Vladimir Putin, the president of Russia, declared a partial mobilisation in his country as the conflict in Ukraine has now lasted for almost seven months and Moscow is losing momentum there. Putin also cautioned the West, saying “it’s not a bluff” that Russia will employ all available methods to defend its borders.
According to officials, 3,00,000 reserve members will be called up in all.
A day after Russian-controlled regions in eastern and southern Ukraine declared preparations to hold elections on joining Russia, the Russian president gave a televised speech to the nation on Wednesday.
The UN General Assembly in New York, where Moscow was warned about its referendum intentions, is also a backdrop to Putin’s speech. The Kremlin-backed initiatives to engulf four districts may pave the way for Moscow to intensify the conflict after Ukraine achieves its goals.
The referendums, which have been planned since the beginning of the conflict, will begin on Friday in the Ukrainian areas of Luhansk, Kherson, and Zaporizhzhia and Donetsk, which are largely under Russian control.
Announcing “statements of some high-ranking members of the key Nato states concerning the possibility of unleashing nuclear weapons of mass destruction against Russia,” Putin accused the West of engaging in “nuclear blackmail.”
"When the territorial integrity of our nation is threatened, we will undoubtedly use all available means to protect Russia and our people. To those who allow themselves to make such statements regarding Russia, I want to remind you that our country also has various means of destruction, and for separate components and more modern than those of Nato countries," Putin said.
He added,“It’s not a bluff.”
Putin claimed to have approved the partial mobilization’s edict, which is scheduled to begin on Wednesday.
According to Putin, "We are talking about partial mobilisation, which means that only individuals who are now enrolled in the reserve would be subject to conscription, and above all, those who served in the armed forces have a specified military specialisation and necessary expertise."
Only individuals with relevant combat and service experience will be mobilised, Russian Defense Minister Sergei Shoigu said in a televised interview on Wednesday. Shoigu added that 5,937 Russian servicemen had perished in the Ukraine conflict, much fewer than the tens of thousands of soldiers that the West had estimated Russia had killed.
The decision to only partially mobilise, according to Putin, was “absolutely sufficient to the challenges we confront, specifically to safeguard our homeland, its sovereignty and territorial integrity, to assure the security of our people and people in the freed territories.”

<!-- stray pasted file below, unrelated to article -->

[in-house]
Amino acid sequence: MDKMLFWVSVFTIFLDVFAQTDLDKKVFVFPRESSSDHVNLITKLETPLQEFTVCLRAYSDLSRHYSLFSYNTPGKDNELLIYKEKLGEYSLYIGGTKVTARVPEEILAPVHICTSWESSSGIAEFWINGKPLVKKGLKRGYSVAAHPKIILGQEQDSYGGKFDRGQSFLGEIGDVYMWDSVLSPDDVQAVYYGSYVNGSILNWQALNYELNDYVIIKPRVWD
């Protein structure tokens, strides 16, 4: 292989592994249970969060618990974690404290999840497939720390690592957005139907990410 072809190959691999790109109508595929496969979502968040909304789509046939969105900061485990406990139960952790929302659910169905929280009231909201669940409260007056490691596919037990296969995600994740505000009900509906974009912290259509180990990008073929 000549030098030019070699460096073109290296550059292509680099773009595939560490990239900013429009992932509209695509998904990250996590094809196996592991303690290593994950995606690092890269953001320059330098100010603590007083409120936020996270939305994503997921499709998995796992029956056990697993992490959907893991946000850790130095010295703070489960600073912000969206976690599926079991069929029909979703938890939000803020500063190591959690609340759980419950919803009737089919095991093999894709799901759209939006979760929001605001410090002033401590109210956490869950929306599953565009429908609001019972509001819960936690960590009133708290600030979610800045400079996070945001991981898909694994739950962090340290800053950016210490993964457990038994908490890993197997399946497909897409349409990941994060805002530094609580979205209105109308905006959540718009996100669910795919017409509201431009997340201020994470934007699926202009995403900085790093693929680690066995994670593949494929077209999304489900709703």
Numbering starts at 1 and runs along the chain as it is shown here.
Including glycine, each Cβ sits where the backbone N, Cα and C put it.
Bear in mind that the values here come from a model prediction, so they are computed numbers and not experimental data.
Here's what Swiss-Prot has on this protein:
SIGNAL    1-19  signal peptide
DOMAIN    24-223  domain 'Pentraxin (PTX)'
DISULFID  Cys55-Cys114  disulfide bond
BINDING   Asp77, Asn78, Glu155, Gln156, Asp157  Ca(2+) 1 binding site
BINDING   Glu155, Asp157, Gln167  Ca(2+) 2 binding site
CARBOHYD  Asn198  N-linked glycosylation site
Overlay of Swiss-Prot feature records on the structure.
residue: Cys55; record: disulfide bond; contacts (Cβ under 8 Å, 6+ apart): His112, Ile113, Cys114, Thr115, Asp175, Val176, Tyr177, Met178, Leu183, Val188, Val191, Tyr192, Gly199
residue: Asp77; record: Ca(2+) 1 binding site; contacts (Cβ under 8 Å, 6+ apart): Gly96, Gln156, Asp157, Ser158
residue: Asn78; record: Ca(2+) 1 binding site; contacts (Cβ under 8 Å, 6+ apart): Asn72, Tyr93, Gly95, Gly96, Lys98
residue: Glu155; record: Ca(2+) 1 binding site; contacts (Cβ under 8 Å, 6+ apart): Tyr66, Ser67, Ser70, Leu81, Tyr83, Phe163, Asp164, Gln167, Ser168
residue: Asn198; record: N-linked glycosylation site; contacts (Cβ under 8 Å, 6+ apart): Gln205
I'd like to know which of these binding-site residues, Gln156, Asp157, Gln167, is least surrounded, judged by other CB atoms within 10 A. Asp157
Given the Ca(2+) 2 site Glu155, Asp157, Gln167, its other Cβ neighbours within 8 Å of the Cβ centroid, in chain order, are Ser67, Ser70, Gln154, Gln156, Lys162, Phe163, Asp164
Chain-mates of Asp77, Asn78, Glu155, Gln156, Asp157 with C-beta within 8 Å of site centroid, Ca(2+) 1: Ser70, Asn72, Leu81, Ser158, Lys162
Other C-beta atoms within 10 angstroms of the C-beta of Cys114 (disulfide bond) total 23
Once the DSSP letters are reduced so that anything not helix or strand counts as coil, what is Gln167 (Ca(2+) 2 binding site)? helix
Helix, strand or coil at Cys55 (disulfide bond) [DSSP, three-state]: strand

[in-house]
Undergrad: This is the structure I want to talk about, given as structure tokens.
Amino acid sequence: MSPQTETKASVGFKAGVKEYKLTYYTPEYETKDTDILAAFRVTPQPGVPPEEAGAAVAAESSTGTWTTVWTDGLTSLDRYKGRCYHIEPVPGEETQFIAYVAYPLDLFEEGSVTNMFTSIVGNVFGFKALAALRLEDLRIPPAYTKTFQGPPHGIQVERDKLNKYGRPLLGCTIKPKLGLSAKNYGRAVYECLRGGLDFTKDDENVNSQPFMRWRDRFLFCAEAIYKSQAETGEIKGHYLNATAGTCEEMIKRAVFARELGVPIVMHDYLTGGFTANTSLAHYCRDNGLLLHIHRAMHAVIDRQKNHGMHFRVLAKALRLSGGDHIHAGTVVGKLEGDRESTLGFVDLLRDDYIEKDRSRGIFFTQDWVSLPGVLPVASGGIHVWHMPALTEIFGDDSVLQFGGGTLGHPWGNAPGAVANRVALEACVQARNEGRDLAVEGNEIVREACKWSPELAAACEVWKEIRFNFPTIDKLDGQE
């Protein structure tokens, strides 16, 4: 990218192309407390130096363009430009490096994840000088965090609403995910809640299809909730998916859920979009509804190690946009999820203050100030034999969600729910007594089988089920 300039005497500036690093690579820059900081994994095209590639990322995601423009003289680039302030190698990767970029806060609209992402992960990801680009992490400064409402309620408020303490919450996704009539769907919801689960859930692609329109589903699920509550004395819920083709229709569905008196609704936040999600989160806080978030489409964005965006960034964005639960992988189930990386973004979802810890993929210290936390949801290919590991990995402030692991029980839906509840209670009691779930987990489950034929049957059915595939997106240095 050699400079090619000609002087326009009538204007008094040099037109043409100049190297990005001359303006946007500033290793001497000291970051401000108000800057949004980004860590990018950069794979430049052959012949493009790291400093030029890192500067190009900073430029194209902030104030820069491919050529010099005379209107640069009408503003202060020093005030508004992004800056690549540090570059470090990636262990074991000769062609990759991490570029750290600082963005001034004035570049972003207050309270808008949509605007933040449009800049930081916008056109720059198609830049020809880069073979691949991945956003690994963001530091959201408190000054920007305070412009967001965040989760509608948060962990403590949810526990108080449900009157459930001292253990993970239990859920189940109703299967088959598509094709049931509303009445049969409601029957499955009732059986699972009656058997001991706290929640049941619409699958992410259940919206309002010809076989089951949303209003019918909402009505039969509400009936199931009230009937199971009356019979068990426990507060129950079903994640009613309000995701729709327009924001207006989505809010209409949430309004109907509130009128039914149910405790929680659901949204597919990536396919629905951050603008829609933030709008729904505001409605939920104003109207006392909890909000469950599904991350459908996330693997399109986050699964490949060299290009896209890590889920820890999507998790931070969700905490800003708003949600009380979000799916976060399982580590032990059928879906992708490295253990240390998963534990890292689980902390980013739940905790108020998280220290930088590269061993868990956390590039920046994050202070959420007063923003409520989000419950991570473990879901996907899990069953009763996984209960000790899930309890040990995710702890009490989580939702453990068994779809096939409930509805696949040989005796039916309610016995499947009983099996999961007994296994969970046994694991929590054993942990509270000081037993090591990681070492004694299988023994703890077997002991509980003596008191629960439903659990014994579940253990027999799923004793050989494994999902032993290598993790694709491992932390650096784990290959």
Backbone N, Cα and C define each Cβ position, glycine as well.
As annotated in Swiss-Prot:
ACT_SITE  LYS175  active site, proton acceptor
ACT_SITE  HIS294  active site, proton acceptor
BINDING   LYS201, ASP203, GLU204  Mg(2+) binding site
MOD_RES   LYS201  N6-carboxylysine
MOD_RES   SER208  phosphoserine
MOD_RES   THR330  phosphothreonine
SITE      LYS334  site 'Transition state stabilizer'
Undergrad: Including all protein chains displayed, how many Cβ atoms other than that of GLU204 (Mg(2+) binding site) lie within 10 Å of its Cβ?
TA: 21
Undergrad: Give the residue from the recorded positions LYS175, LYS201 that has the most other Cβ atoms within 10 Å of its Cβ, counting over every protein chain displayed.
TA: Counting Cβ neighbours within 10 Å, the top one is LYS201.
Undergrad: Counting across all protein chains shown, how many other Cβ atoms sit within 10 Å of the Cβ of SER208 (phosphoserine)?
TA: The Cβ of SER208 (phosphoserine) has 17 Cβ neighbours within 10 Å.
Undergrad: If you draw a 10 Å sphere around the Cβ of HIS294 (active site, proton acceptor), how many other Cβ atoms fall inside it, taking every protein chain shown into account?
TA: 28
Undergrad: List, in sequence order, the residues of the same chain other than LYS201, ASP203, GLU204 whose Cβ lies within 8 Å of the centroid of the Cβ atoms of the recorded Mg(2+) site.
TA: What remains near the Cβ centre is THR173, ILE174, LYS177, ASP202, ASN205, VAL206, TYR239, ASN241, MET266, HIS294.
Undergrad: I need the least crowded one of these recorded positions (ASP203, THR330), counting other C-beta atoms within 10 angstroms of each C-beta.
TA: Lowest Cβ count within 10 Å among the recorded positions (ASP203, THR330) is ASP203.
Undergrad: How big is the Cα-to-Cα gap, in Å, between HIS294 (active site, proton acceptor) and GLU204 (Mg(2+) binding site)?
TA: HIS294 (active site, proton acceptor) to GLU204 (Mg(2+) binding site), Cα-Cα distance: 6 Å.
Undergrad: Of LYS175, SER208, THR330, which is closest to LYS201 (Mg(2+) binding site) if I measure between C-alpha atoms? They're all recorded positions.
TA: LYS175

Volodymyr Zelenskyy, the president of Ukraine, called the referendum plans “noise” earlier on Wednesday and thanked his country’s partners for opposing the voting, which are set to begin on Friday.
Zelenskyy stated in his evening address that there are many unanswered concerns regarding the announcements but emphasised that this will not alter Ukraine’s determination to reclaim territory held by Russian soldiers.
According to the situation on the front lines, Ukraine should take the initiative, he said. "Our stances don't alter as a result of announcements or commotion from elsewhere. Additionally, we have our partners' full backing in this.
In light of Russia’s general repression of opposition and strict regulations prohibiting criticising soldiers and the military operation, it was unknown how many people would dare to demonstrate.
The results of the upcoming referendum will almost certainly favour Moscow. Western leaders, who are supporting Kyiv with military and other assistance that has helped its forces gain momentum on battlefields in the east and south, swiftly denounced them as illegitimate.
According to Zelenskyy, "I applaud all allies and partners of Ukraine for today's widespread principled forceful condemnation of Russia's plans to arrange additional fake referenda."
The lower house of parliament, which is under the control of the Kremlin, voted on Tuesday to toughen the laws on Russian troops deserting, surrendering, and looting, sending another message that the country is preparing for a protracted and possibly escalated conflict. Additionally, lawmakers approved the introduction of potential 10-year prison terms for soldiers who refuse to battle.
The proposal would give commanders more power to combat reports of low soldier morale if the upper chamber approves it as expected and Putin signs it into law.
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The largest nuclear power station in Europe continued to be shelled near the city of Enerhodar, which is under Russian control. Russian shelling at the Zaporizhzhia nuclear power station once more caused infrastructure damage, according to Ukrainian energy operator Energoatom, and briefly required employees to start up two diesel generators to provide backup power to one of the reactor’s cooling pumps.
Even though the plant’s six reactors have all been shut down, such pumps are crucial for preventing a meltdown. The generators were reportedly turned off later as main power was restored, according to Energoatom.
Months of worry have been directed toward the Zaporizhzhia Nuclear Power Plant because to worries that shelling could produce a radioactive release. The shelling is being blamed on by both Russia and Ukraine.
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